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Am I alone in hating this trend?

(169 Posts)
Jossina Tue 23-Apr-19 21:27:15

Am I the only person who doesn't like the trend of giving children a nickname as their proper name? For instance Tom instead of Thomas or Billy instead of William, Kate instead of Katharine. Aren't these children going to spend the rest of their lives saying, over and over and over, "No, it's just ___. Not short for anything." ?

fruitbrewhaha Tue 23-Apr-19 21:28:41

Yeah, I'm not keen either. But names do evolve over time.

MollyYouInDangerGirl Tue 23-Apr-19 21:28:57

I have a friend who has one of the above "nicknames" you mentioned as their full name, and they were born in the mid-late 80s so it's not exactly just a recent trend

funmummy48 Tue 23-Apr-19 21:29:42

I think it's fine. I didn't do it for any of mine but can't see a problem with it.

DramaAlpaca Tue 23-Apr-19 21:32:09

I'm not mad on it either, but each to their own.

It's better than the other modern trend of cutesy names.

Cuppaand2biscuits Tue 23-Apr-19 21:33:49

I also don't think it's a recent trend. I know a Ben, Kate, Frankie (female- not Francesca), Charlie (female- not Charlotte)
All of which have the 'shortened', nickname version on their birth certificates, all born in the 1980's.

DramaAlpaca Tue 23-Apr-19 21:33:51

It's not something I'd do, but each to their own.

It's way better than that other current trend of cutesy names.

DramaAlpaca Tue 23-Apr-19 21:34:45

Oops, got an error message & thought the first one hadn't posted blush

PlatypusLeague Tue 23-Apr-19 21:39:12

I know someone who had this sort of name, born in the early 70s. Only one person though. Everyone else was full name on the register but many were known by a nickname.

Thinking of the older nicknames like Milly, Polly, Nancy, Jack, Jim, Charlie etc. would these always have had "full" versions behind them?

EL8888 Tue 23-Apr-19 21:40:39

But what’s the point of giving them a name when you are only going to used the shortened version of it? To me it seems pointless

Patienceisvirtuous Tue 23-Apr-19 21:43:48

My DS is Theo, not Theodore because we weren’t fussed on the latter.

Some names are strong enough to stand alone.

I think Kate probably qualifies, but not Tom or Billy... just my opinion though smile

Dhalandchips Tue 23-Apr-19 21:44:09

I'm nearly 50 with one of those names. Never bothered me.

ReginaPhalange89 Tue 23-Apr-19 21:44:36

I actually much prefer some "nicknames" to the "proper version" .
Will or Liam is 100% nicer than William, just my opinion of course. And I wouldn't really consider them nicknames since they're officially on the birth certificate.

I'd much rather use a name like that on the BC than give an "official name" that I don't plan to use or particularly like . Like for example I love the name Kate but really dislike Katherine so I'd never put it on a birth certificate if I only intended to call her Kate.

MamaDane Tue 23-Apr-19 21:48:00

I'm more bothered by all of the -ie/y names, while a name like Kate instead of Katherine doesn't bother me, I dislike Freddie, Albie, Alfie and such.

HopeMatters Tue 23-Apr-19 22:02:39

I have an 12 year old Kate and I don't think anyone has ever, ever asked if it's short for Katherine. Quite surprised now that I think about it, but I genuinely don't ever remember anyone mentioning it.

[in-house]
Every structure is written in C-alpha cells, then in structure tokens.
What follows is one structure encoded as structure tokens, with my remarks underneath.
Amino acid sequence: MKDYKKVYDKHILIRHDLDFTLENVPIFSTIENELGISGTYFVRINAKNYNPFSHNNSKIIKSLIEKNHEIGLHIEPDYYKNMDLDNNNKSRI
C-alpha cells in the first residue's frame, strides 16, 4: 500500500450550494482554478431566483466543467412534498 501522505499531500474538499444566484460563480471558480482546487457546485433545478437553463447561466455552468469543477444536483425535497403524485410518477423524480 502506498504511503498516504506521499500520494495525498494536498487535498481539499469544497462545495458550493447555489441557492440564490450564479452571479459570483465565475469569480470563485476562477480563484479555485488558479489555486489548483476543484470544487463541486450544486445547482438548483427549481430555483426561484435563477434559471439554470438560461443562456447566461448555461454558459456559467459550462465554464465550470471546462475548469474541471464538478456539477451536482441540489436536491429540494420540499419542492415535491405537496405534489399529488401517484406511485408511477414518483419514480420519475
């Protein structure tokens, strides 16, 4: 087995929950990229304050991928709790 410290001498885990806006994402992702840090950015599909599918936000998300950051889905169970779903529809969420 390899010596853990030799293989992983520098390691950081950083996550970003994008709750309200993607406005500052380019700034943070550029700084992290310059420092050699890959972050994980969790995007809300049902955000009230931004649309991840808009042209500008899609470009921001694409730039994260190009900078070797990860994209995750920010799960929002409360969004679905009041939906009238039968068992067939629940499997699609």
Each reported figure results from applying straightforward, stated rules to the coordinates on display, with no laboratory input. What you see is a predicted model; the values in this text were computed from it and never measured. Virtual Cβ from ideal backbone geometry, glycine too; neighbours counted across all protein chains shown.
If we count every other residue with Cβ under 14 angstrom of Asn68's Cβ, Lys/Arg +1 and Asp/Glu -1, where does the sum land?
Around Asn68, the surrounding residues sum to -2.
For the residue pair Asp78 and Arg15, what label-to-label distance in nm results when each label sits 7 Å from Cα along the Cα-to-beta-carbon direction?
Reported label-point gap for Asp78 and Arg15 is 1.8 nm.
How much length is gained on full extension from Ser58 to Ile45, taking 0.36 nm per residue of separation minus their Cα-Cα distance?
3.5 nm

Bumblebeesmum Tue 23-Apr-19 22:05:00

I used to hate them but tbh every single generation has trends & I think we forget that they won’t spend their whole life explaining anything that’s common in their generation

Fatted Tue 23-Apr-19 22:08:51

I never actually knew Kate was short for anything until my 30s. blush Grew up with lots of Kate's at school who were born in the 80s.

Although I personally get annoyed with the name Harrison. I always assume people wanted their child to be called Harry but didn't realise what it was a nickname for.

Puffinhead Tue 23-Apr-19 22:11:54

My DD is named after her deceased Grandmother. I guess it was a gesture of remembrance though I do think it’s a beautiful name albeit slightly old fashioned. We use a ‘nickname/shortened version that we love and we got to choose for ourselves IYSWIM.

Puffinhead Tue 23-Apr-19 22:14:31

Oh, sorry I think I misread your OP. I know what you mean now blush

BelulahBlanca Tue 23-Apr-19 22:14:54

I knew a Jenny that was not short for Jennifer- she must be in her 30s now.

Calixtine Tue 23-Apr-19 22:41:38

I wouldn’t assume Kate was short for anything.

I don’t mind this trend unless (as pps have mentioned) it’s a really cutesy or informal nickname like Flossie, Dolly, Buddy or Ace.

Kate, Beth, Pippa, Tom, Max, Nate, etc. stand alone perfectly well, IMO.

FromDespairToHere Tue 23-Apr-19 22:42:13

My mum's dad and my dad's mum were called Harry (not Harold or Henry) and Kate (not Katherine) and were born in the 1900s and 1910s respectively so it's really not a new thing!

How militant do you want to be about it? All Jacks should be John? All Betties or Beths should be Elizabeth? All Mollies should be Mary?

cheesenpickles Tue 23-Apr-19 22:44:30

I had a boss who would had awkward discounted CVs with nicknames on as people not being formal enough. They looked a bit "oh shit" when I said that may be their actual birth certificate names.

cheesenpickles Tue 23-Apr-19 22:44:47


MillicentMartha Tue 23-Apr-19 22:45:41

Charlie, nice name, suits child and middle aged taxi driver/rugby player etc.
Charles, horrible name, suits ageing prince.

Why would you call a DC Charles rather than Charlie if you agreed with above?

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